VETERAN Ballyclare trainer, Harry Smyth, who stock car raced in his younger days, is nothing if not patient and persistent. Three years since he last recorded success, Smyth was back in the Downpatrick winners’ enclosure on Sunday, June 13, when ‘Willyouwalkwithme’ kept on gamely to prevail by a nose in the second division of the handicap hurdle.
The local winner was only sixth prior to the last and hard ridden by jockey, Dylan Johnston but responded to
the urging to record a popular victory.
Smyth said: “I thought he would win today, as he has been going well at home and had run well here before. That’s his (Dylan Johnston) first winner. I told him I would get him a win. He knew where the line was and that’s a good wee horse. I would have thought there would be another day in him. I’ve only three horses. As long as you keep it fun, you’re not getting into trouble!”
Trainer, Denise Foster end-
ed a 50-plus losing run, when ‘Fakir D’Alene’, under a very competent ride from Jordan Gainford, claimed the opening maiden. The winner was settled in mid-division and, while chased along, readily hit the front after the final flight.
Gainford said: “It was a messy race. The track wasn’t probably ideal – it was a little bit sharp. He was flat out at the top of the hill. I think a bigger galloping track would suit.”
Trainer, Noel Meade has an excellent record at the
course and ‘Charlie Siringo’, with Eoin Walsh aboard, maintained his strike rate. ‘Hardwired’ looked the poss-ible winner, when leading four out, but found nothing when joined by the winner at the third last, after which the Meade runner stretched clear, while favourite ‘Was-dale Park’ never figured.
Walsh said: “I got a dream run around – I got a gap down the inside and I didn’t want to leave the rail, so I took it and kept going forward.”
Sligo handler, Mark McNiff is another with a great re-cord of winners at the local course and ‘Mr Moondance’, under an ultra-enterprising ride from Cathal Landers, established a huge lead from the start and when the favourite ‘Longacre Square’, which was a distant second, ran out four from home the race thereafter was always in safe keeping.
McNiff said: “Sure he has only one way of going and that’s hard as he can for as long as he can. It sounds ridiculous, because he is still a runaway, but I’d say he’s after settling a fraction with old age. He’s hardly improving at that age, but I’d say he’s less stupid.”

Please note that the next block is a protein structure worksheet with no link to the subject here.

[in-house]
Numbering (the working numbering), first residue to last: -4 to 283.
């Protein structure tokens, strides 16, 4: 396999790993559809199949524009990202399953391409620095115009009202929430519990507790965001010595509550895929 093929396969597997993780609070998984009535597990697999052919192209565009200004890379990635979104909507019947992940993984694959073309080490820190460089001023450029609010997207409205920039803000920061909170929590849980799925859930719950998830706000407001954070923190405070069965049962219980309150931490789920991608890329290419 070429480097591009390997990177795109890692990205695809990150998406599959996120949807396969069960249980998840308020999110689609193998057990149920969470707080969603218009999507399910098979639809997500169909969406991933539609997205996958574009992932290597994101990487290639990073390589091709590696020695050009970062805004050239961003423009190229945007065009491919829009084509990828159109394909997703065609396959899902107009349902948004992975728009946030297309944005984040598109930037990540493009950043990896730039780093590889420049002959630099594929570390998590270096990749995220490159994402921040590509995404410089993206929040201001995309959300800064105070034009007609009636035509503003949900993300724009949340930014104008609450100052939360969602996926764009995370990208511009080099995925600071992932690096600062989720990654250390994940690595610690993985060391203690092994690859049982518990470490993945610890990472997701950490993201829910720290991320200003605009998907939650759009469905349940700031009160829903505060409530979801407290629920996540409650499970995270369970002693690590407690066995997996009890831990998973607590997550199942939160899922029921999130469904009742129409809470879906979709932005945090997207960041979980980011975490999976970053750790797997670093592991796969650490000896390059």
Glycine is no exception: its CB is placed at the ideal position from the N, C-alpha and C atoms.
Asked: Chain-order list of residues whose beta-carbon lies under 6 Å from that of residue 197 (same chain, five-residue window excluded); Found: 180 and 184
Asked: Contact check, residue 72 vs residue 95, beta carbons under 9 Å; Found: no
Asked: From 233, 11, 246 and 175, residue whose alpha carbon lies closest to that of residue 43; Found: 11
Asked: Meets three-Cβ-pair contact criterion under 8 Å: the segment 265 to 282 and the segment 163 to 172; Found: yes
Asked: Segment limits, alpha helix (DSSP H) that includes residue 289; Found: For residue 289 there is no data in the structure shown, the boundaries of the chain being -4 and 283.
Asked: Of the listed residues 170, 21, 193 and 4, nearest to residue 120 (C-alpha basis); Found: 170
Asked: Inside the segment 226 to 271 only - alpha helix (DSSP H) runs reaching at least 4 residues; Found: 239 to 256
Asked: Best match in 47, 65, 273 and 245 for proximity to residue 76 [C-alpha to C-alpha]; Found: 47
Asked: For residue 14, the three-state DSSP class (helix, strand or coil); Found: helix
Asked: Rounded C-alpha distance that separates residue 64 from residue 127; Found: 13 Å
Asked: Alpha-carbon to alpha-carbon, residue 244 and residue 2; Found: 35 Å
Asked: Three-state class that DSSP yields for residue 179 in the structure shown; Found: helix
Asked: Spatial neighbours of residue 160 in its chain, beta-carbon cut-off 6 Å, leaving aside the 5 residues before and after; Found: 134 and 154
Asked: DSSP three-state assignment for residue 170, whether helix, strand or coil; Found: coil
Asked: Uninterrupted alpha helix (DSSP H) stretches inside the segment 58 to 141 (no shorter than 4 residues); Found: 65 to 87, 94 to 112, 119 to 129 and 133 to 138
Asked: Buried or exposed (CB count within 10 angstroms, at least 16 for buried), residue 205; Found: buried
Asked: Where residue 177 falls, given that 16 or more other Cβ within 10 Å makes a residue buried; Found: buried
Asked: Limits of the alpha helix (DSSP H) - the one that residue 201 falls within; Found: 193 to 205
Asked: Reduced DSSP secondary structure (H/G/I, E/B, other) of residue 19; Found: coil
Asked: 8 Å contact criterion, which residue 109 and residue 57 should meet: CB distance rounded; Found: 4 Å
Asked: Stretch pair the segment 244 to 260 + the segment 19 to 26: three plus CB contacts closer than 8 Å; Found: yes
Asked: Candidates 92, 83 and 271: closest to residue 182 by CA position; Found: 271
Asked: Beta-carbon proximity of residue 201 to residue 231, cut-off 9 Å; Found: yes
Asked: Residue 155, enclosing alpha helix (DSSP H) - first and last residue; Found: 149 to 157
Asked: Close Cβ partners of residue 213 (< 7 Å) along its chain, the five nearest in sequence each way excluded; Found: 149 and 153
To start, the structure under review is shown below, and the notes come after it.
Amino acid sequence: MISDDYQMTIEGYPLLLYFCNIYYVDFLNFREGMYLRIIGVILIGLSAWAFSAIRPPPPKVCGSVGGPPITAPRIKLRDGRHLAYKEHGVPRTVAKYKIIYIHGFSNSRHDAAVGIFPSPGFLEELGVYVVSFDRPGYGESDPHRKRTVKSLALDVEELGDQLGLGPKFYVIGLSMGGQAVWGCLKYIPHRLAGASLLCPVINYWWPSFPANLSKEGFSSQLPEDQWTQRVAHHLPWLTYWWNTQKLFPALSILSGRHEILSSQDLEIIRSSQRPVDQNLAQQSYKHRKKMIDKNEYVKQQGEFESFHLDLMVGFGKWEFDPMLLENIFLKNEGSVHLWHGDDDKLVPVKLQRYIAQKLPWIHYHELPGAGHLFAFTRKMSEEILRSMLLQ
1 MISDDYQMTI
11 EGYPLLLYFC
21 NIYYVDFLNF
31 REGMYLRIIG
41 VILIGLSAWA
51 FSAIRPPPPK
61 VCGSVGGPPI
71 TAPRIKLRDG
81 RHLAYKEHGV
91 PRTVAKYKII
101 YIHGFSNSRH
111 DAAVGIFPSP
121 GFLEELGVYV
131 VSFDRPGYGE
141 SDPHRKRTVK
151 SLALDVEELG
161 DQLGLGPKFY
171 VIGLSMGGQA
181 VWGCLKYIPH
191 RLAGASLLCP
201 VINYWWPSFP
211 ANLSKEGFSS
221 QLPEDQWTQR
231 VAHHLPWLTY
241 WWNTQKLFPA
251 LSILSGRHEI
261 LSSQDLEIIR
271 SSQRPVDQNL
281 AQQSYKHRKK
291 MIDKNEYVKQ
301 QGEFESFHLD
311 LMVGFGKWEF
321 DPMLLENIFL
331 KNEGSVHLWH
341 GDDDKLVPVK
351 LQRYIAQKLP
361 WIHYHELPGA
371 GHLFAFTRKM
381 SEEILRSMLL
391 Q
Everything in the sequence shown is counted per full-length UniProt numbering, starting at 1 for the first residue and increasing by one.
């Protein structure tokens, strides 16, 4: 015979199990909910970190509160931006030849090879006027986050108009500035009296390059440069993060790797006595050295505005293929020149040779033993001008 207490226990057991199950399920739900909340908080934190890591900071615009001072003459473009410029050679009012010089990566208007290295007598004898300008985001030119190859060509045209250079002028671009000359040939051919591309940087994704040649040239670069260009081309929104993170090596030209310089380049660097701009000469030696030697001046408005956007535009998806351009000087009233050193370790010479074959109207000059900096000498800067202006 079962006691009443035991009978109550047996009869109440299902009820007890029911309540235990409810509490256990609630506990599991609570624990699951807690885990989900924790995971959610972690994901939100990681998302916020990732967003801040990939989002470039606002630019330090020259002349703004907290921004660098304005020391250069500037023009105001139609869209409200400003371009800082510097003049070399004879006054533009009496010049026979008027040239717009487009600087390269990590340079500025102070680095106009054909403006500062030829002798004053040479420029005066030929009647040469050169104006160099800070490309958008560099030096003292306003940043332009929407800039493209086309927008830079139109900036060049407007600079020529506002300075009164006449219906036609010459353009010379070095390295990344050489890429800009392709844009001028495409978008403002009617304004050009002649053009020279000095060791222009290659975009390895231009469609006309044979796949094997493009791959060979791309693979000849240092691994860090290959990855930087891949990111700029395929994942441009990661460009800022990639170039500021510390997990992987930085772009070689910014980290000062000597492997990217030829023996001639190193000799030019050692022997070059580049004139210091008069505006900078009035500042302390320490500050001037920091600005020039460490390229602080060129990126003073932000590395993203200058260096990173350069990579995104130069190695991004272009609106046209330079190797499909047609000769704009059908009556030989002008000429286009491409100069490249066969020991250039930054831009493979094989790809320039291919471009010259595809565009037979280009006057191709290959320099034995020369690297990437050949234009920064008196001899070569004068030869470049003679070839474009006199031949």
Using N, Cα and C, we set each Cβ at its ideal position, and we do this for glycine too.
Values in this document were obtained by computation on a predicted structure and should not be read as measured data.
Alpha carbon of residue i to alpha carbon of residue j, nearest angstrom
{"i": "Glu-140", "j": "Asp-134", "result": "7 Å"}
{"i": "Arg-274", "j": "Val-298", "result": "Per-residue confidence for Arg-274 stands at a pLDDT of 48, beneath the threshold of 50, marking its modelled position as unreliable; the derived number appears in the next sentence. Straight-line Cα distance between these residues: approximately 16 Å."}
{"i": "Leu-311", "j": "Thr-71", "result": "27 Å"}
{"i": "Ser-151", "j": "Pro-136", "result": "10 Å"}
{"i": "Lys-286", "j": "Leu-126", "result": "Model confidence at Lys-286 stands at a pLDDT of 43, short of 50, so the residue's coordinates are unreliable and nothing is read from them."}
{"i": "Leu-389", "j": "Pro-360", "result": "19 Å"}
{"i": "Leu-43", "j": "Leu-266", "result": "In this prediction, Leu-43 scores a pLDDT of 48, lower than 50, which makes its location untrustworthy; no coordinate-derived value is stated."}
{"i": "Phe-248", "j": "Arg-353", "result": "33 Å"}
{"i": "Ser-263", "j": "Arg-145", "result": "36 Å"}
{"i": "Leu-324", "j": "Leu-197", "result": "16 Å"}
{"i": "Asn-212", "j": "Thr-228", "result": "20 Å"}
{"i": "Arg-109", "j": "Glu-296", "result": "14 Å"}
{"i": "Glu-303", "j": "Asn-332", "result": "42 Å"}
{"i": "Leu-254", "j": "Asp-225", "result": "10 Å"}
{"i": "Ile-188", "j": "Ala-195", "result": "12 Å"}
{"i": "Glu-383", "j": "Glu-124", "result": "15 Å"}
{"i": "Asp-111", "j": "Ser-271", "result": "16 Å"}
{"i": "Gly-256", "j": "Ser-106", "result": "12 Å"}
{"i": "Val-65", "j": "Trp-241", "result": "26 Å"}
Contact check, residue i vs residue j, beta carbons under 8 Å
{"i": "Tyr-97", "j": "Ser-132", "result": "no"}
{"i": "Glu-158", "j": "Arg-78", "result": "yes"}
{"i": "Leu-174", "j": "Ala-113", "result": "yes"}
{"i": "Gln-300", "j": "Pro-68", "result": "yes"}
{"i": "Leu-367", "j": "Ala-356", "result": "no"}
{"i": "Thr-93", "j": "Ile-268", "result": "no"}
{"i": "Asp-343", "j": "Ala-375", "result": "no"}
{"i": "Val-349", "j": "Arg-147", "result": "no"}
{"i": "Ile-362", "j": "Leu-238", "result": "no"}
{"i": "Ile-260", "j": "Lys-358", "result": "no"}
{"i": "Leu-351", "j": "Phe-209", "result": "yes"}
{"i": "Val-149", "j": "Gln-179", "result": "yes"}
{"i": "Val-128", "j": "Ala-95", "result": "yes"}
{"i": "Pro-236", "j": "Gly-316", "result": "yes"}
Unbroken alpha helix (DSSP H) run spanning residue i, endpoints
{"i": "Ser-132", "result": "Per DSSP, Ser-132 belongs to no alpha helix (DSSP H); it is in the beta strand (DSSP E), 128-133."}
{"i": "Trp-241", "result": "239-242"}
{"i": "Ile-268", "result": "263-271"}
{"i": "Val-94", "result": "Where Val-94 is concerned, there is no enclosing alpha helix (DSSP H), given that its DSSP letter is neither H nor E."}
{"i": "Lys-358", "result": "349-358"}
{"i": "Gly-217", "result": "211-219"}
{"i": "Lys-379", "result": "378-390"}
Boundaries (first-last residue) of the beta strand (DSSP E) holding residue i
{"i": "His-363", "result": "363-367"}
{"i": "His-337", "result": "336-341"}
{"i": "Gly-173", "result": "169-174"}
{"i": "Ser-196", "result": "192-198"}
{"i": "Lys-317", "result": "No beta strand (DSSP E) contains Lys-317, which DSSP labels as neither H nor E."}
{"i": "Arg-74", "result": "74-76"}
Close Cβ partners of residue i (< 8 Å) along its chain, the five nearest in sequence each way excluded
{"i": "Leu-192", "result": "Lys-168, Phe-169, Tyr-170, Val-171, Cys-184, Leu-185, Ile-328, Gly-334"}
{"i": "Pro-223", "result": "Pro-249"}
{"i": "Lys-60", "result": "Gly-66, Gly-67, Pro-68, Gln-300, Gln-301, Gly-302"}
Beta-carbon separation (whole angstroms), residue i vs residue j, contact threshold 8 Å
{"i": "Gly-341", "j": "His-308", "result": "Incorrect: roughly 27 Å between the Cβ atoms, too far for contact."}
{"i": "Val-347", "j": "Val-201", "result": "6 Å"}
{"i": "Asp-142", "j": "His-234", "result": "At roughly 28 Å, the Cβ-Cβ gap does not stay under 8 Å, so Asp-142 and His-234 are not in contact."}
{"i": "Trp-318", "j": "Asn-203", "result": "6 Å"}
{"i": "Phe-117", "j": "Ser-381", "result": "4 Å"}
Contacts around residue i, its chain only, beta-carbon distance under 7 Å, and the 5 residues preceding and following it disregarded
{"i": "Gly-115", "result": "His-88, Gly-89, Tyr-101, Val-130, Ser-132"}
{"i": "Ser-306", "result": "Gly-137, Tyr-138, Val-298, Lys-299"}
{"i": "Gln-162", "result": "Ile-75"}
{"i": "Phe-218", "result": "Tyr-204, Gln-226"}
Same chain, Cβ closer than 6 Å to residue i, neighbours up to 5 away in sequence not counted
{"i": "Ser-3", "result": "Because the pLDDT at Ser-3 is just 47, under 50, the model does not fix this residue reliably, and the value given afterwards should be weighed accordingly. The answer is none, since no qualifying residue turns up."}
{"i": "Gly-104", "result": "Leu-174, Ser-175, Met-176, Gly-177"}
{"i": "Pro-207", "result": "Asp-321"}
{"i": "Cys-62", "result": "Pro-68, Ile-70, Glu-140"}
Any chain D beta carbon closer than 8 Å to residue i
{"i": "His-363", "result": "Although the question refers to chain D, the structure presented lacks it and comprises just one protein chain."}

The featured mares hand-
icap hurdle was won by ‘April’s Joy’ in a four-way finish – three necks sep-arating the principals and supplying trainer, Gavin Cromwell, who had to settle for runner up in the opener, with compensation. The win-
ner, partnered by Conor Maxwell, led two from home and was always proving best afterwards.
Maxwell said: “She’s a tough filly – she has won a point-to-point, a hurdle, a chase and a flat race. She’s been good to me and she did it well.”
The Irish Grand National winning trainer Dermot McLaughlin claimed the first division of the handicap hurdle when ‘Massons Castle’ was produced late by jockey, Adam Short between horses at the last to win going away.
Short said: “He had a very good run in Fairyhouse the first day. His jumping was a bit sloppy in Kilbeggan. Here the last day, he ran over two five and probably didn’t get home.”
The top two in the market dominated proceedings in the Rated Hurdle with the Henry De Bromhead trained ‘Schone Aussicht’ – a five-time flat winner in Germany with Mikey O’Connor aboard – readily disposing of the better fancied ‘Clonbury Bridge’ to win.
O’Connor said: “Her jump-ing was brilliant for a mare that came off the Flat, she is just a real natural jumper. She seemed to do every-
thing very easily there now today.”
‘Carrigmoorna Elm’, trained by Declan Queally and with Mikey Sweeney in the saddle made all to win the finale.
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